versión On-line ISSN 2413-3051
versión impresa ISSN 1021-447X
J. energy South. Afr. vol.22 no.1 Cape Town 2011
Emily TylerI; Michelle du ToitII; Zelda BurchellIII
IClimate Change Economist, Cape Town
IIClimate Change Practice Genesis Analytics, SouthSouthNorth Projects Africa
IIIWSP Environment & Energy
Emissions trading is fast becoming one of the most popular policy instruments for reducing greenhouse gas emissions internationally. This hybrid instrument combines the certainty of mitigation volume delivered by regulation, whilst also harnessing the power of the market through an economic approach to deliver migitation price discovery and least cost mitigation opportunities. Theoretically, this is a powerful combination.
However, the realities of uncertainty and lack of information result in international emissions trading experience deviating substantially from the instrument's theoretical potential. This is of particular relevance in a developing country context. Scheme design is therefore very important to counter these market failures, and policymakers are required to strike a balance between this and introducing distortions. Given that the instrument is in its infancy, performance of the various schemes up and running internationally is inconclusive. Emissions trading proponents argue that the benefits will be realised over time, once the initial teething problems are overcome.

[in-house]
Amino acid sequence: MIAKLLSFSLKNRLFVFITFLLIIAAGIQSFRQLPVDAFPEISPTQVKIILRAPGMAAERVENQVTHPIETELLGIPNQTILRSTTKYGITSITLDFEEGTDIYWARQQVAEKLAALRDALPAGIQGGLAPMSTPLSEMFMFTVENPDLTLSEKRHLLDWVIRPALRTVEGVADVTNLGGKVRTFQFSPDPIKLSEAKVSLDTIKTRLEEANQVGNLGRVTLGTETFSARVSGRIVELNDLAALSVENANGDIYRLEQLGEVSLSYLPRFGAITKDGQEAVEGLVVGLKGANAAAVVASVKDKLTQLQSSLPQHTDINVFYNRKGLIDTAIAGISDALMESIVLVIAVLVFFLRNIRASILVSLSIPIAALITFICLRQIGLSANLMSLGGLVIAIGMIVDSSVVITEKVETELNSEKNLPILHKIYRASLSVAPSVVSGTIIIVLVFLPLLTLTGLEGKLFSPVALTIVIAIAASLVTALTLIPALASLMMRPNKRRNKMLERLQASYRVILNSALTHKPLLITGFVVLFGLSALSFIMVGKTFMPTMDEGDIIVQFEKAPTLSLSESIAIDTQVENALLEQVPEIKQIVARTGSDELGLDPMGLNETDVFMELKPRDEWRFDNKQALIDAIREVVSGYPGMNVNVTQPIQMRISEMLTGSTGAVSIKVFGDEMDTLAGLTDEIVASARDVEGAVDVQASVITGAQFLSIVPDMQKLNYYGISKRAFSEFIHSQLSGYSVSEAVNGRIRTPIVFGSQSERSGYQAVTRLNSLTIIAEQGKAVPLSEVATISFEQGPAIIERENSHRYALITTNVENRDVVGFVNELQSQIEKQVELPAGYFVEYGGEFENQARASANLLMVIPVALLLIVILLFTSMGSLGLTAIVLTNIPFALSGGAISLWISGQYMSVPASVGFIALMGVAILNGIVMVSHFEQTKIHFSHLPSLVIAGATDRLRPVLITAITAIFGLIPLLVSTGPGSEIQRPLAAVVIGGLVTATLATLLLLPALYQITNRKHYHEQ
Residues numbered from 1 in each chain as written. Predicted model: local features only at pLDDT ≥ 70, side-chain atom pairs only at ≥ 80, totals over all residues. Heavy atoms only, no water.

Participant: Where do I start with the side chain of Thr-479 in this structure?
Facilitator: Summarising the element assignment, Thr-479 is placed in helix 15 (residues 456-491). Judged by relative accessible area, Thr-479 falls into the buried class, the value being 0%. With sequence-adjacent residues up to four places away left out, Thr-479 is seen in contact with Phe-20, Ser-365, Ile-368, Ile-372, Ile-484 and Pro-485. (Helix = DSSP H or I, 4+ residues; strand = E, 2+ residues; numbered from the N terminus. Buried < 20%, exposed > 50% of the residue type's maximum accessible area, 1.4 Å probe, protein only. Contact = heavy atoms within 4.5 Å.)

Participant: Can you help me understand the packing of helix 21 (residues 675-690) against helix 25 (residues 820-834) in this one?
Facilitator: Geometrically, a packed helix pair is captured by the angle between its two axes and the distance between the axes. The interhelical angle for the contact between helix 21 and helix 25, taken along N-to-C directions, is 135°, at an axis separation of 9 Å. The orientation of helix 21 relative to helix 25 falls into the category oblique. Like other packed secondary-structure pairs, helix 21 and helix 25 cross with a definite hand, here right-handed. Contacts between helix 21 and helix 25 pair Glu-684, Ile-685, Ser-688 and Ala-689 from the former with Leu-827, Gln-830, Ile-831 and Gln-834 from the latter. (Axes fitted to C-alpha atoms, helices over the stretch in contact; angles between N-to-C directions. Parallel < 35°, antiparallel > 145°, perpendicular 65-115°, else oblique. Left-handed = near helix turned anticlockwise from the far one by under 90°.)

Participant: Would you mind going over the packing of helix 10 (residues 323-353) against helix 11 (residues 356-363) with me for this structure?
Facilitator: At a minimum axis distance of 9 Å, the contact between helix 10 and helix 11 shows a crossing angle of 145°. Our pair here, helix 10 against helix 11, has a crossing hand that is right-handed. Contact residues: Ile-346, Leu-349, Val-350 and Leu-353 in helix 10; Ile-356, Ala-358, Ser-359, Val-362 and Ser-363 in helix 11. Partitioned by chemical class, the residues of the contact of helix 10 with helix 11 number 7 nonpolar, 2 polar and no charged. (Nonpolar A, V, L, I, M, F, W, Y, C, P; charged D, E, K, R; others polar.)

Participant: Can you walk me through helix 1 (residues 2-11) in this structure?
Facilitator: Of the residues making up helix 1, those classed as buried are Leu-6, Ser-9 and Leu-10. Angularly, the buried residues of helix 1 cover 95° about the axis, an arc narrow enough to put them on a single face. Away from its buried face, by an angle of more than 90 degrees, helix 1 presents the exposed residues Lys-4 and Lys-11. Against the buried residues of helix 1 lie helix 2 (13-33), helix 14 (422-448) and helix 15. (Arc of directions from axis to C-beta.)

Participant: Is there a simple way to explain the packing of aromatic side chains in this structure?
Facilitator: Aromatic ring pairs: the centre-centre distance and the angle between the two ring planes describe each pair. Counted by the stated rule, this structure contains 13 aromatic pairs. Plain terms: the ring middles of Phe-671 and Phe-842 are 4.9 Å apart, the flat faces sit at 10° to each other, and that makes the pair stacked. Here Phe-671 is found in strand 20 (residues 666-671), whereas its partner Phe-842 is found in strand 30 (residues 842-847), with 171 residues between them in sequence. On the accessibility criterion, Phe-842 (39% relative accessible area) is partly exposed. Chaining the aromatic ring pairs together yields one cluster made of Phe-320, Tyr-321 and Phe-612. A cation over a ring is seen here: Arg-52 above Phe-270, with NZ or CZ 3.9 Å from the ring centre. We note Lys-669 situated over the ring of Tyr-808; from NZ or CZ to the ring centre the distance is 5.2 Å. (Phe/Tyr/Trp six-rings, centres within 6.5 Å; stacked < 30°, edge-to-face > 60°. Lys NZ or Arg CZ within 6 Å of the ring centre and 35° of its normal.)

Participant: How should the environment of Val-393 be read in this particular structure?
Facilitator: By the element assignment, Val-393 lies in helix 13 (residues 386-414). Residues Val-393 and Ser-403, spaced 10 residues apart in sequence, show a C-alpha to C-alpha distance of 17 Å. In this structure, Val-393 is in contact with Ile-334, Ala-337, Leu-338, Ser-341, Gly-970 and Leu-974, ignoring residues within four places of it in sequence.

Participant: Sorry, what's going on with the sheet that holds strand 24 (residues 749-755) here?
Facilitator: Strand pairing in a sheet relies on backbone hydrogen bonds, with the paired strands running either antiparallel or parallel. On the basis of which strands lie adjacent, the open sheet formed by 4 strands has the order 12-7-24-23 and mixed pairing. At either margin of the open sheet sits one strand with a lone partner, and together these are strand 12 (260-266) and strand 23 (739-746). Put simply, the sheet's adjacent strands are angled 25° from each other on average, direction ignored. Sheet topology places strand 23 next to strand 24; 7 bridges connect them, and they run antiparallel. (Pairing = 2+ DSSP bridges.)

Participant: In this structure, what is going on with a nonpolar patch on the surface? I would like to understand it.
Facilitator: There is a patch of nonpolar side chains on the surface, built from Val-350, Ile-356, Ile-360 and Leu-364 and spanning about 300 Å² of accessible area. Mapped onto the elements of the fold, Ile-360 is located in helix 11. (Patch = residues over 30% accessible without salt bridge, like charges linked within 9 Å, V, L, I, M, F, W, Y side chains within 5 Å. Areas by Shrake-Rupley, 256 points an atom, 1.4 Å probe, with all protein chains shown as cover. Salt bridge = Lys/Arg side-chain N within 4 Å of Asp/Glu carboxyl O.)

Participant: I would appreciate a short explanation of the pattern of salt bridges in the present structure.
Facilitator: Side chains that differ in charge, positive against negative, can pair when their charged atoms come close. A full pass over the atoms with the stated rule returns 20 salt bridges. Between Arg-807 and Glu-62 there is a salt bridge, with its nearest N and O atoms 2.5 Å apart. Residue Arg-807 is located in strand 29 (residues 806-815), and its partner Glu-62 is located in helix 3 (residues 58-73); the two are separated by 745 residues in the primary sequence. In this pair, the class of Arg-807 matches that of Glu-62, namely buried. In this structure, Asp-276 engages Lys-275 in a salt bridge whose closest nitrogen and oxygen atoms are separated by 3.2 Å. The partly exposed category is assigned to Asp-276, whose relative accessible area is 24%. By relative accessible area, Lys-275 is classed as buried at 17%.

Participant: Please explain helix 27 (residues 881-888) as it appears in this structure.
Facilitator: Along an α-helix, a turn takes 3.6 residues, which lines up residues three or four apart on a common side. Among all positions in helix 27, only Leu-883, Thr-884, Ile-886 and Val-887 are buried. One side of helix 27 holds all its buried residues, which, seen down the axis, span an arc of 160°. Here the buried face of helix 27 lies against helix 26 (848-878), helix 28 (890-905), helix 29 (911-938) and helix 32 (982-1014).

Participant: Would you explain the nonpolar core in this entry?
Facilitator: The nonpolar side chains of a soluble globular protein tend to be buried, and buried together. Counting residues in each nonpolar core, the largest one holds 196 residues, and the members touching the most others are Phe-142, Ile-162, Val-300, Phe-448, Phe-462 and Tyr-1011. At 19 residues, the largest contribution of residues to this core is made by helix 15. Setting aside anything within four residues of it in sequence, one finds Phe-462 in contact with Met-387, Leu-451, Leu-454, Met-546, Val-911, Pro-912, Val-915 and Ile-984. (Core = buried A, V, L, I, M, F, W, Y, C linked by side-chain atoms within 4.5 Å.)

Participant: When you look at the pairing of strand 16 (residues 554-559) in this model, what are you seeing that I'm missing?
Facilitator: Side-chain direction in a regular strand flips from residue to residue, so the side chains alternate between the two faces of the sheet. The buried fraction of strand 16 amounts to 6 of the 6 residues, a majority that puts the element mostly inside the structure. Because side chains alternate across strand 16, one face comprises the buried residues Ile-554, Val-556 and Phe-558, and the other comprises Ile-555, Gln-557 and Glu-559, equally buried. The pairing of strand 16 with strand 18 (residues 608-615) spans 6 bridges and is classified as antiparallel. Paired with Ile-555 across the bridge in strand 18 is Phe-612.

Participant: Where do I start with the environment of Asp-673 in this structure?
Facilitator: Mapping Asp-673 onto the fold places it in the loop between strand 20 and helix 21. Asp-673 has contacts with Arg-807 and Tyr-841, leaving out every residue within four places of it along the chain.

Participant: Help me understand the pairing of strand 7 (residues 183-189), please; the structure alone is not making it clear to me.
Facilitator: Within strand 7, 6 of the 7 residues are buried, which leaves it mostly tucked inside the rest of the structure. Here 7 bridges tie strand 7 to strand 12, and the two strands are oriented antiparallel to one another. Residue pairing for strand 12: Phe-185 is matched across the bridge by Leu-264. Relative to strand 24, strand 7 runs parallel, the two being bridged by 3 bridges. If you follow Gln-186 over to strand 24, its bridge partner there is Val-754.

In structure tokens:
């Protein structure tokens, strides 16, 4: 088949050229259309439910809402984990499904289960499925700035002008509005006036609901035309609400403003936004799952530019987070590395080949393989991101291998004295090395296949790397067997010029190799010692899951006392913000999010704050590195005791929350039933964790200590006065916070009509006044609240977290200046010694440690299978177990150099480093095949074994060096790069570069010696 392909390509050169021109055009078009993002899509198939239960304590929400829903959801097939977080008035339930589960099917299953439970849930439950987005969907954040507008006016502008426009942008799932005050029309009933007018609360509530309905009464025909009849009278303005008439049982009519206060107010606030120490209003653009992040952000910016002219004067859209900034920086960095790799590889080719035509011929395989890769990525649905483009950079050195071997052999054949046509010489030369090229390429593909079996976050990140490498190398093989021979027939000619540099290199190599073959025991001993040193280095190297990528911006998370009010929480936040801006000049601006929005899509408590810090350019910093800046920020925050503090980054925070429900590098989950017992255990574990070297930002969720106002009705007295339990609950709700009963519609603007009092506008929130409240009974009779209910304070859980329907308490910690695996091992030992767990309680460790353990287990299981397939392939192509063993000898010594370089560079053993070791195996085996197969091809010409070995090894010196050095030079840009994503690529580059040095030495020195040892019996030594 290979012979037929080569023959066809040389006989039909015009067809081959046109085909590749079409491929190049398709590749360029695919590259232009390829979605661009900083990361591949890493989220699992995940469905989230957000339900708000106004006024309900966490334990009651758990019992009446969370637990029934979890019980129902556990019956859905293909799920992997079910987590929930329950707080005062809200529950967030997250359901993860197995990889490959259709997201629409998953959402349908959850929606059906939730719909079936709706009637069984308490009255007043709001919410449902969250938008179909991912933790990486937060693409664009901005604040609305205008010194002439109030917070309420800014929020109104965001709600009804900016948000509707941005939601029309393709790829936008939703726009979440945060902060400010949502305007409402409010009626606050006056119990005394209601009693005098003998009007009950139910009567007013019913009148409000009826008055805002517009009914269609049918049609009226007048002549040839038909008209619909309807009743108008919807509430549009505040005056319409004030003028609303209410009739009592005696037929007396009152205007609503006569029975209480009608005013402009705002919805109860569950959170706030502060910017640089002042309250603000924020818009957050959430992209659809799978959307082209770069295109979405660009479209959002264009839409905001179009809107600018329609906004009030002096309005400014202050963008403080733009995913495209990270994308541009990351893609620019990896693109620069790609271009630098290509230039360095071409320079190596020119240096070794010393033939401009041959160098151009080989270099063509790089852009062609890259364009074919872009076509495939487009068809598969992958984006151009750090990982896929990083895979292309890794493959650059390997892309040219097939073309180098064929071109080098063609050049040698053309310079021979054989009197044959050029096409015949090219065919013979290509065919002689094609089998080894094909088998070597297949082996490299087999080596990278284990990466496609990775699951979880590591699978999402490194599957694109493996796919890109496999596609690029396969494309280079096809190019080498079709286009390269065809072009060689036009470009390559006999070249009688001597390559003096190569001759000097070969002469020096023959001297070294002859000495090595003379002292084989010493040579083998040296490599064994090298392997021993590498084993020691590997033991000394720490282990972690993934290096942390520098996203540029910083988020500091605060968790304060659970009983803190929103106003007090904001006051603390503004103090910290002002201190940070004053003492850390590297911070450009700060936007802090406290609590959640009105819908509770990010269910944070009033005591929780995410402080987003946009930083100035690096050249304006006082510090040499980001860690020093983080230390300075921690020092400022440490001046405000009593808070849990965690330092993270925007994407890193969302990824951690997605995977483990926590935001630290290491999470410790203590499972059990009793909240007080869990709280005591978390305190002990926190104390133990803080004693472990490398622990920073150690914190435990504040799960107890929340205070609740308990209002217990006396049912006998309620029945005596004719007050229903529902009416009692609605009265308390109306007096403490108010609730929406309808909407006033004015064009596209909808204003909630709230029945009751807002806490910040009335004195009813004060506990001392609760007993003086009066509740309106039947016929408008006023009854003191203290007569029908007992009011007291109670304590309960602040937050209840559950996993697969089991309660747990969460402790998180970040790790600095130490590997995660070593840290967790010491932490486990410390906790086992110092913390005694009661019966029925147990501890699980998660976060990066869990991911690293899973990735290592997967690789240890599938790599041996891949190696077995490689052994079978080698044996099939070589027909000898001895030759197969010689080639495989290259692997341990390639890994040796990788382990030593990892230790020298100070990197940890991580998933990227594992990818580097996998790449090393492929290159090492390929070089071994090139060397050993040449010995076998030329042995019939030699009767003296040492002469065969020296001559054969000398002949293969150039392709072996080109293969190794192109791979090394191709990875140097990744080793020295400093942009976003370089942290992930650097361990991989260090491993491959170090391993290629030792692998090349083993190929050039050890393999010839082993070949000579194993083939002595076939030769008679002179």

The paper is the result of research conducted in 2008 and presented at the South African Climate Policy Summit in 2009. It considers theory and international experience in application to the potential establishment of an emissions trading scheme in South Africa. Lack of data, capacity and experience with markets in the energy sector present complications in the use of the instrument as a central part of the nation's mitigation policy suite, as do market concentration issues. Should an emissions trading be proposed, the paper argues for ways in which its design could address these complications, and align with the current energy security imperative resulting from the electricity crisis in the country, the twin political objectives of poverty reduction and employment creation of the recently elected government, and the timeframes proposed by the Long Term Mitigation Scenarios.
Keywords: emissions trading, emissions trading scheme, greenhouse gas mitigation, Long-term Mitigation Scenarios
Full text available only in pdf format.
This paper, derived from a report, is the result of collaboration between the Energy Research Centre (ERC), Environmental Policy Research Unit (EPRU) and Genesis Analytics. The ERC and EPRU are both research units at the University of Cape Town. The research by Genesis Analytics was commissioned by the ERC, drawing on National Research Foundation (NRF) funding which is gratefully acknowledged.
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Received 16 March 2009
Revised 23 February 2011